Although a spline can't have branches, the "branches" can be parts of the spline object but disconnected.
When the spline parts are snapped to a point on the main spline, branching can be simulated.

Reducing the diameter of the vessels proves to be more difficult but can be done locally with Taper Modifiers.

Branching Spline.jpg
 

Helmut

Well-known member
* Yep, the handling of individual sweeps and their smooth transition is a major PITA. No doubt, there is a proper Greek or Latin medical term for this diagnosis :unsure:
* I prefer using the parameter for Scale Sweep but it depends on the topology of the taper and/or bulge.
* This ignores palmar venous arches as they seem to be irrelevant for PICC lining.

SS1.png


SS2.png


SS3.png
 

Helmut

Well-known member
WIP jas attached.
C3D on board tools only are used :rolleyes:
 

Attachments

  • BrachialVeins 01.jas.zip
    312.1 KB · Views: 139

Joel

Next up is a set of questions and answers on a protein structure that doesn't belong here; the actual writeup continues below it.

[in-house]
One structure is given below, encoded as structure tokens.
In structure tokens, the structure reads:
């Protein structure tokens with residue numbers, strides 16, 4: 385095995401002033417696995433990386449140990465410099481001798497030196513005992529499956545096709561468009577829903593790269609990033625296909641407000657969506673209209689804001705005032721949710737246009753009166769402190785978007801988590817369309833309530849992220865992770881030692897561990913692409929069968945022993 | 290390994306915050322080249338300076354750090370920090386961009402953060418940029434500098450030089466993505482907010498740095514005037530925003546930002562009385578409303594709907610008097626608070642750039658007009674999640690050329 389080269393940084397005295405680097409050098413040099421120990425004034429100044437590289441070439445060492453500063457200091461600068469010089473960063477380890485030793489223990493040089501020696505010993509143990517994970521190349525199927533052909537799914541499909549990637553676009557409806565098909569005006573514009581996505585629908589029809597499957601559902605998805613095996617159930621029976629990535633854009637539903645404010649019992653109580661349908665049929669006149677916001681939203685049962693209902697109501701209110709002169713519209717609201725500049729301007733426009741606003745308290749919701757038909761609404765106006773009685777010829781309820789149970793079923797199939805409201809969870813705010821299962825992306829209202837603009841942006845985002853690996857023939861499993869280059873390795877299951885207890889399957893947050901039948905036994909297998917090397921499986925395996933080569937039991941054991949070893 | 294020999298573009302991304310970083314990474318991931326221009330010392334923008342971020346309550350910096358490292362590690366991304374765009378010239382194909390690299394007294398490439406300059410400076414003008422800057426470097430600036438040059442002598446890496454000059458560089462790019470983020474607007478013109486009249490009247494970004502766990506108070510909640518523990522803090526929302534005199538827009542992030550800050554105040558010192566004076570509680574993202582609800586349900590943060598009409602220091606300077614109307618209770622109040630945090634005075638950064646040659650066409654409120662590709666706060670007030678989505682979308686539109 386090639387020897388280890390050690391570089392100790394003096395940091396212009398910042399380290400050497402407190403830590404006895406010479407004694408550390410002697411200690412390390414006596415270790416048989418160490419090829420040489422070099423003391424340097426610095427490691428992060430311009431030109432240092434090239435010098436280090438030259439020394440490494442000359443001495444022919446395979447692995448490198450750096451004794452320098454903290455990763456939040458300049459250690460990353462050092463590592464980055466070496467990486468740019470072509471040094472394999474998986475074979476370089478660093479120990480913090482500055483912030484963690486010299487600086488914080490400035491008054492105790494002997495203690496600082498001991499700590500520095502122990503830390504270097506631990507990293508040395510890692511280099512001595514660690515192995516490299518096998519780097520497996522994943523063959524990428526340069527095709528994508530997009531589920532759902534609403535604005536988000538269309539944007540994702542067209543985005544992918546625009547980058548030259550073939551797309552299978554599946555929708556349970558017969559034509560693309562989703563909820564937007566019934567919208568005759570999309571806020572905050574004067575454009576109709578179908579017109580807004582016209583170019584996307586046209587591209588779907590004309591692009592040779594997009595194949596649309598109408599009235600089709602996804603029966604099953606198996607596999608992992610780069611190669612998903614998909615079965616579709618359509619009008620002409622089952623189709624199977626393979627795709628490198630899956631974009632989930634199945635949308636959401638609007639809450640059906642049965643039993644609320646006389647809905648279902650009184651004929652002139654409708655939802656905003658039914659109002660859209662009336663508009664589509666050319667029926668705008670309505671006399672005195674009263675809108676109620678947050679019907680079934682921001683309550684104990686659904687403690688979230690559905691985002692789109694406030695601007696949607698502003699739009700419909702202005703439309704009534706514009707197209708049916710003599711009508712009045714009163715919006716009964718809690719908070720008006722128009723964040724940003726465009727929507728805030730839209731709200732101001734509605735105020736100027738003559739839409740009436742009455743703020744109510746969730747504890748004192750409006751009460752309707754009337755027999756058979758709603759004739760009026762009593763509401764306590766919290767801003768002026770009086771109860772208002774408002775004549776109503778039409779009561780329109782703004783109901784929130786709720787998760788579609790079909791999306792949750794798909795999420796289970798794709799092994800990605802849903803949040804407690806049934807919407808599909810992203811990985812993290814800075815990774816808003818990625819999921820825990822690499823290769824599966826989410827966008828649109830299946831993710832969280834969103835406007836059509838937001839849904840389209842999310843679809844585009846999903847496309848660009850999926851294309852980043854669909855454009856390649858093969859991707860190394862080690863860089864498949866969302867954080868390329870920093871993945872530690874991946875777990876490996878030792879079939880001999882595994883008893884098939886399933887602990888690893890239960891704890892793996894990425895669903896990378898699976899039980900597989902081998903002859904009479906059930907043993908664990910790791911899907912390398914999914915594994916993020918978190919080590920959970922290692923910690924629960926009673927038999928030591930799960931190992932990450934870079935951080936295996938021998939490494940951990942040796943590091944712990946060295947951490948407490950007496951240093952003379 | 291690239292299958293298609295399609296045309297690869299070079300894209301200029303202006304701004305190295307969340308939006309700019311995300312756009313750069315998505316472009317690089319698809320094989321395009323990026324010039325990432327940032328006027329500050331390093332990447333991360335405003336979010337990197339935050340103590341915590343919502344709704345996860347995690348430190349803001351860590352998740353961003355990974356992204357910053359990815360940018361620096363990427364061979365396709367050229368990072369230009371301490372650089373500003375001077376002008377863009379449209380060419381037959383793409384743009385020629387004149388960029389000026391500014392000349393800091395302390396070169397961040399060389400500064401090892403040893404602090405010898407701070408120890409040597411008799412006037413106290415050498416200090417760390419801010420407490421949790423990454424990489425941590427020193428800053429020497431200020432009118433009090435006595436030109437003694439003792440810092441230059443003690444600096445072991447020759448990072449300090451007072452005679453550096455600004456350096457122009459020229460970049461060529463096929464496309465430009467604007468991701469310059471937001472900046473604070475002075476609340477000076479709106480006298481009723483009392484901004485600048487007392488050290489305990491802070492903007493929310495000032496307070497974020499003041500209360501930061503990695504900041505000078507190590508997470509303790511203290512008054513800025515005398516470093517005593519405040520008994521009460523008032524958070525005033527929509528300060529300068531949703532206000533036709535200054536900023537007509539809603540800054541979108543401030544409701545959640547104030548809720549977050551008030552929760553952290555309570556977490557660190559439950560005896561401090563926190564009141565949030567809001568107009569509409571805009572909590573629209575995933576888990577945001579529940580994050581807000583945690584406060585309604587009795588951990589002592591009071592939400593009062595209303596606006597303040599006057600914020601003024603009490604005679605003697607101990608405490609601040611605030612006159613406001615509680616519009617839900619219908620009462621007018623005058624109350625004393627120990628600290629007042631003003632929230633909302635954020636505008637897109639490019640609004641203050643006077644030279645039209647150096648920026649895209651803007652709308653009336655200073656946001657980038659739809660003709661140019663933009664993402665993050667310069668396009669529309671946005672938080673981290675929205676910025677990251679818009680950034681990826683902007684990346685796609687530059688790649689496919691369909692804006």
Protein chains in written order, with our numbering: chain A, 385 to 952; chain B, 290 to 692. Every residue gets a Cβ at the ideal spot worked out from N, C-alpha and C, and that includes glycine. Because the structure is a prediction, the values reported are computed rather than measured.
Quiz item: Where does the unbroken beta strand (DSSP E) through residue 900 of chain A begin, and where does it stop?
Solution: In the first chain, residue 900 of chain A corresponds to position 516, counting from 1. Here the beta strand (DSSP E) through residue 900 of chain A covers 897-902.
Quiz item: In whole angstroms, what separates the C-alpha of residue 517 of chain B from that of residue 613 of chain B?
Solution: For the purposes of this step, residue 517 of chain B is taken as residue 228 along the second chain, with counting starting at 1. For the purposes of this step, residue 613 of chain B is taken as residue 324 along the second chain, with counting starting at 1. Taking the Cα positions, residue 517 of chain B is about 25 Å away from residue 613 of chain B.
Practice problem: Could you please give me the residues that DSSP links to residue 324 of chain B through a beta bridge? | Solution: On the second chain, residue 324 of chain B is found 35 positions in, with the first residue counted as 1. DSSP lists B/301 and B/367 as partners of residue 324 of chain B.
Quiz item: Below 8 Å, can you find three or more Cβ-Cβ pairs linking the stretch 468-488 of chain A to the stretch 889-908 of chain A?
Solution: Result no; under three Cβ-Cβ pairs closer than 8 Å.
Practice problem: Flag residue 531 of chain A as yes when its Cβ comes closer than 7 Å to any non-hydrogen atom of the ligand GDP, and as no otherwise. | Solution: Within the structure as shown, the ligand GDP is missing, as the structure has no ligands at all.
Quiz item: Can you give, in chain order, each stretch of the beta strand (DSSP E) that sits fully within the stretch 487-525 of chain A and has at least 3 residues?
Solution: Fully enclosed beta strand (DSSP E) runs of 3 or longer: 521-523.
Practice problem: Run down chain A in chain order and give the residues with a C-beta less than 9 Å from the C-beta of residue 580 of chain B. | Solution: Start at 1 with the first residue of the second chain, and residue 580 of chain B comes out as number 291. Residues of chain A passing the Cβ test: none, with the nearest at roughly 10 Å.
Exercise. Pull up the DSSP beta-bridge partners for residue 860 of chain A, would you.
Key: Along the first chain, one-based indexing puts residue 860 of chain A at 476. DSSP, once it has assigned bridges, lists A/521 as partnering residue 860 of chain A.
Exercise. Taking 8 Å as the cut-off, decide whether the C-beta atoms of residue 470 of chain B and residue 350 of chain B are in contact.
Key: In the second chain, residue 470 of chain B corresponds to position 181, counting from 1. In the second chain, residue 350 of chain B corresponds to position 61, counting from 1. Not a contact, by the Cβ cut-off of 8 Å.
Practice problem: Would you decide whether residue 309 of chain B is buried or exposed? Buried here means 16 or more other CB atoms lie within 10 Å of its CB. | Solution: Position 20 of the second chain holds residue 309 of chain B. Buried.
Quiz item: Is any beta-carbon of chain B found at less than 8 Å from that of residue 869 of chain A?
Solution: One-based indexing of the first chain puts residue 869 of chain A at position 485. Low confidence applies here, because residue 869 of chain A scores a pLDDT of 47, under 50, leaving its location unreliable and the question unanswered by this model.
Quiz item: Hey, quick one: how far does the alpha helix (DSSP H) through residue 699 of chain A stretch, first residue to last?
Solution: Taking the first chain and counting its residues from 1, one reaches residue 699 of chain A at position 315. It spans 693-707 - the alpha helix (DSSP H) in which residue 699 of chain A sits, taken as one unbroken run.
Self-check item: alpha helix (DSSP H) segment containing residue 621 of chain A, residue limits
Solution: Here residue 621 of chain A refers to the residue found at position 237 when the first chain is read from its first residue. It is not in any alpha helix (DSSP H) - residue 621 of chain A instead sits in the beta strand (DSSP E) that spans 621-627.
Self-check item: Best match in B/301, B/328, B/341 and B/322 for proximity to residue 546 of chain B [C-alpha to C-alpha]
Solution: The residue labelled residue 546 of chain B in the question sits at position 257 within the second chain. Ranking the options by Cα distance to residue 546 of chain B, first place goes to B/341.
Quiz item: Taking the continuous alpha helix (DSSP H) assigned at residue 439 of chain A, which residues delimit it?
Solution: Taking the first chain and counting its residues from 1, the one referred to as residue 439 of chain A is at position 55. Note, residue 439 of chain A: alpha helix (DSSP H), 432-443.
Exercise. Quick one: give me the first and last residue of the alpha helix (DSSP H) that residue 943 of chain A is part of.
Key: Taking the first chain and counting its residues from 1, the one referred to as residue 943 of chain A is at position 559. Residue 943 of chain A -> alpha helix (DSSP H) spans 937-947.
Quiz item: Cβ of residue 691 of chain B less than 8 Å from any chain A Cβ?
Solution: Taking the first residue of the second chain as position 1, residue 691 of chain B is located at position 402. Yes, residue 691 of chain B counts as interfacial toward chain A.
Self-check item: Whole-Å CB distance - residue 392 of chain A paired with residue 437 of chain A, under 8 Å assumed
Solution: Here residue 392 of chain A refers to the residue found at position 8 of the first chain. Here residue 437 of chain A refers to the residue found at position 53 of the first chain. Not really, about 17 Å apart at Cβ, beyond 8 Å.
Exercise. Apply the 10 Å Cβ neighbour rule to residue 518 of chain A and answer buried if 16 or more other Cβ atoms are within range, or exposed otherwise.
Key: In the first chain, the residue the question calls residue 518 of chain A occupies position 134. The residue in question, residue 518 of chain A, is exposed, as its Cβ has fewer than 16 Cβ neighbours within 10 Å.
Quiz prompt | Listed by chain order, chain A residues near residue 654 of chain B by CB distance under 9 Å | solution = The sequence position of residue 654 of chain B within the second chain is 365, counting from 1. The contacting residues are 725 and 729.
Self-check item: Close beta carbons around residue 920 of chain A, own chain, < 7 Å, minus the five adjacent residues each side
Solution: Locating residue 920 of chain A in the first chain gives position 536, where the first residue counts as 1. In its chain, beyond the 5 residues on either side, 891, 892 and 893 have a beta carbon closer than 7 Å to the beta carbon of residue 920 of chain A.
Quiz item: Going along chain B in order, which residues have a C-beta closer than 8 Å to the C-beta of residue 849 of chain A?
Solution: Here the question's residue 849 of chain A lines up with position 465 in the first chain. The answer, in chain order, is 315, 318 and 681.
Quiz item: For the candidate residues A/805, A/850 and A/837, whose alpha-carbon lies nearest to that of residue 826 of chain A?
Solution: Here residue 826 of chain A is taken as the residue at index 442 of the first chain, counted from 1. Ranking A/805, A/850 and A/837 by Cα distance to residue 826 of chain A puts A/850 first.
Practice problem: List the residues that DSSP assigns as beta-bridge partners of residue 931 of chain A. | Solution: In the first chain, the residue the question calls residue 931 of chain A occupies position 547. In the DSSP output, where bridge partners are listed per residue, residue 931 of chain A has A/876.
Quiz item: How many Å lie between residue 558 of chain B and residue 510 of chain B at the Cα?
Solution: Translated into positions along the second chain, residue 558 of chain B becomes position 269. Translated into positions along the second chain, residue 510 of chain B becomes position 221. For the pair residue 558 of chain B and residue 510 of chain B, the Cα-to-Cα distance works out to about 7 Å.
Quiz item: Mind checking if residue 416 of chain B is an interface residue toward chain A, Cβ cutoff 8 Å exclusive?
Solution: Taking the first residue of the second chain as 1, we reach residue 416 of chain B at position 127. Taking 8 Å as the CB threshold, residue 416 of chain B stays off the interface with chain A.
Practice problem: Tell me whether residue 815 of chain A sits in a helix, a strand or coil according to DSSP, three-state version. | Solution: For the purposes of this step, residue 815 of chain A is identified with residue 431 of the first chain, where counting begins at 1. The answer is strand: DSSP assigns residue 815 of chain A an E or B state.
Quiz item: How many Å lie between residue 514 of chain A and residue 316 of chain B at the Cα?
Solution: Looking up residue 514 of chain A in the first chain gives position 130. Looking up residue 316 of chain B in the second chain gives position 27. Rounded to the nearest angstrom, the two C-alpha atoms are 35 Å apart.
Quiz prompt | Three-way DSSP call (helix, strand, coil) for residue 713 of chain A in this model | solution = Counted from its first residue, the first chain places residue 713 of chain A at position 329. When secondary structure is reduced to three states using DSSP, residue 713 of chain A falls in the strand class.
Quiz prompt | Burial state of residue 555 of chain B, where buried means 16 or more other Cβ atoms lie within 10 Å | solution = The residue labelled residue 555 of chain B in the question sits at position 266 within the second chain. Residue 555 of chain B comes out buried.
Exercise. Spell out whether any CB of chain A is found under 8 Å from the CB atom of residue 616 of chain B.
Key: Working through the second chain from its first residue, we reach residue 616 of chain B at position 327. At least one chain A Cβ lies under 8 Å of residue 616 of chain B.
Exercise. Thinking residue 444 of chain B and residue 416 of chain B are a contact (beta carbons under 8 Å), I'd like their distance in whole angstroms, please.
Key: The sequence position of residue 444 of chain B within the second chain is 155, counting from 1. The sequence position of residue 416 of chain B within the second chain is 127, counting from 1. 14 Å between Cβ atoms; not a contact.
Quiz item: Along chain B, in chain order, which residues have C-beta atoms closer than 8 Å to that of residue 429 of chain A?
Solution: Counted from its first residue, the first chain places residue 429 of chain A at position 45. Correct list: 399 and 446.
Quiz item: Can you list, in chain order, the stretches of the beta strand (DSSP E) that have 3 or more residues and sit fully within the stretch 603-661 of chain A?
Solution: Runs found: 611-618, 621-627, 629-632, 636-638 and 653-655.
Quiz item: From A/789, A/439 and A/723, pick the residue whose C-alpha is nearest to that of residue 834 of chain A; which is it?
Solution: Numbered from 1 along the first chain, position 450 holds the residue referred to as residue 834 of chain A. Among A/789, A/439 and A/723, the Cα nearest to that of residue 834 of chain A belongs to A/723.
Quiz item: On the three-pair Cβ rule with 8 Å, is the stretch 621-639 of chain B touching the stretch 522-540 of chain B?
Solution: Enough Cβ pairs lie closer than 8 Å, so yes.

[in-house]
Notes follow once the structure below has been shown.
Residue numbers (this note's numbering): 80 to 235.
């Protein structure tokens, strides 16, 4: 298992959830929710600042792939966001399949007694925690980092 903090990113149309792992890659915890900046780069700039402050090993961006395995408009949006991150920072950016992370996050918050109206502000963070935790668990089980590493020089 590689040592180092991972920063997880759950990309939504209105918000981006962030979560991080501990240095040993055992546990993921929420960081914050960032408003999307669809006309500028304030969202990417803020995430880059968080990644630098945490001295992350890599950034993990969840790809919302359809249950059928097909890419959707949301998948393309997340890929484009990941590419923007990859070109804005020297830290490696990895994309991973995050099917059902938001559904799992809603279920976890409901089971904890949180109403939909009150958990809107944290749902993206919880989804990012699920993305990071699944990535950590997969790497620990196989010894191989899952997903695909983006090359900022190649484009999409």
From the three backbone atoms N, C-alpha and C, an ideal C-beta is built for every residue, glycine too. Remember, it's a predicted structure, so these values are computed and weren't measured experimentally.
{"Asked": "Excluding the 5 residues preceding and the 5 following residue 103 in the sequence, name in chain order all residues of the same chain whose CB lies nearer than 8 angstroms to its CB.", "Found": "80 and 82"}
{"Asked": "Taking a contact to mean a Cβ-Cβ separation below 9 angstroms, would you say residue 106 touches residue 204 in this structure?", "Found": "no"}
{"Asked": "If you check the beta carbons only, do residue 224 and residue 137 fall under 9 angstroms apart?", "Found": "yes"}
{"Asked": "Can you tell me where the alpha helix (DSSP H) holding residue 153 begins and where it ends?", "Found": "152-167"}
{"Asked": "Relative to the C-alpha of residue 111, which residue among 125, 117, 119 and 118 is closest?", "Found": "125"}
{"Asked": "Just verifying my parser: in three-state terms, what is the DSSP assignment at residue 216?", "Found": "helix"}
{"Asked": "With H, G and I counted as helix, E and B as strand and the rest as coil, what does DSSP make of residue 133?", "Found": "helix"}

Active member
Systems of tapered branches are ubiquitous in nature, from animal veins to plant roots. Alas, they can only be approximated in C3D. Smooth tube joints can be box modeled with subdivision, but joining two sweeps with separate spline paths requires nudging and tweaking, and the joints are not rounded off. Tapering branches from one end to the other greatly complicates the task. Animation ... no idea.

Splines are probably the best tool, but they are hard for beginners to manipulate. I suggest practicing two particular scripts in case they might be useful. Both were made by Hiroto to make spline creation and adjusting more intuitive.

PolygonToSpline.js is my favorite script, bar none. You can start with a box model which is relatively easy to make and visualize, then derive splines from all or selected edges. These splines are typically used as Sweep paths.

https://www.cheetah3d.com/forum/index.php?threads/13464/post-117994

Controlled Spline.js (with Controlled Spline Tag.js) is great for precisely making and manipulating the control points of a spline with compound curves. Again, the spline is typically used as a Sweep path.

https://www.cheetah3d.com/forum/index.php?threads/13464/post-118002
 

ZooHead

Well-known member
I can't find any good images showing a section of the arm.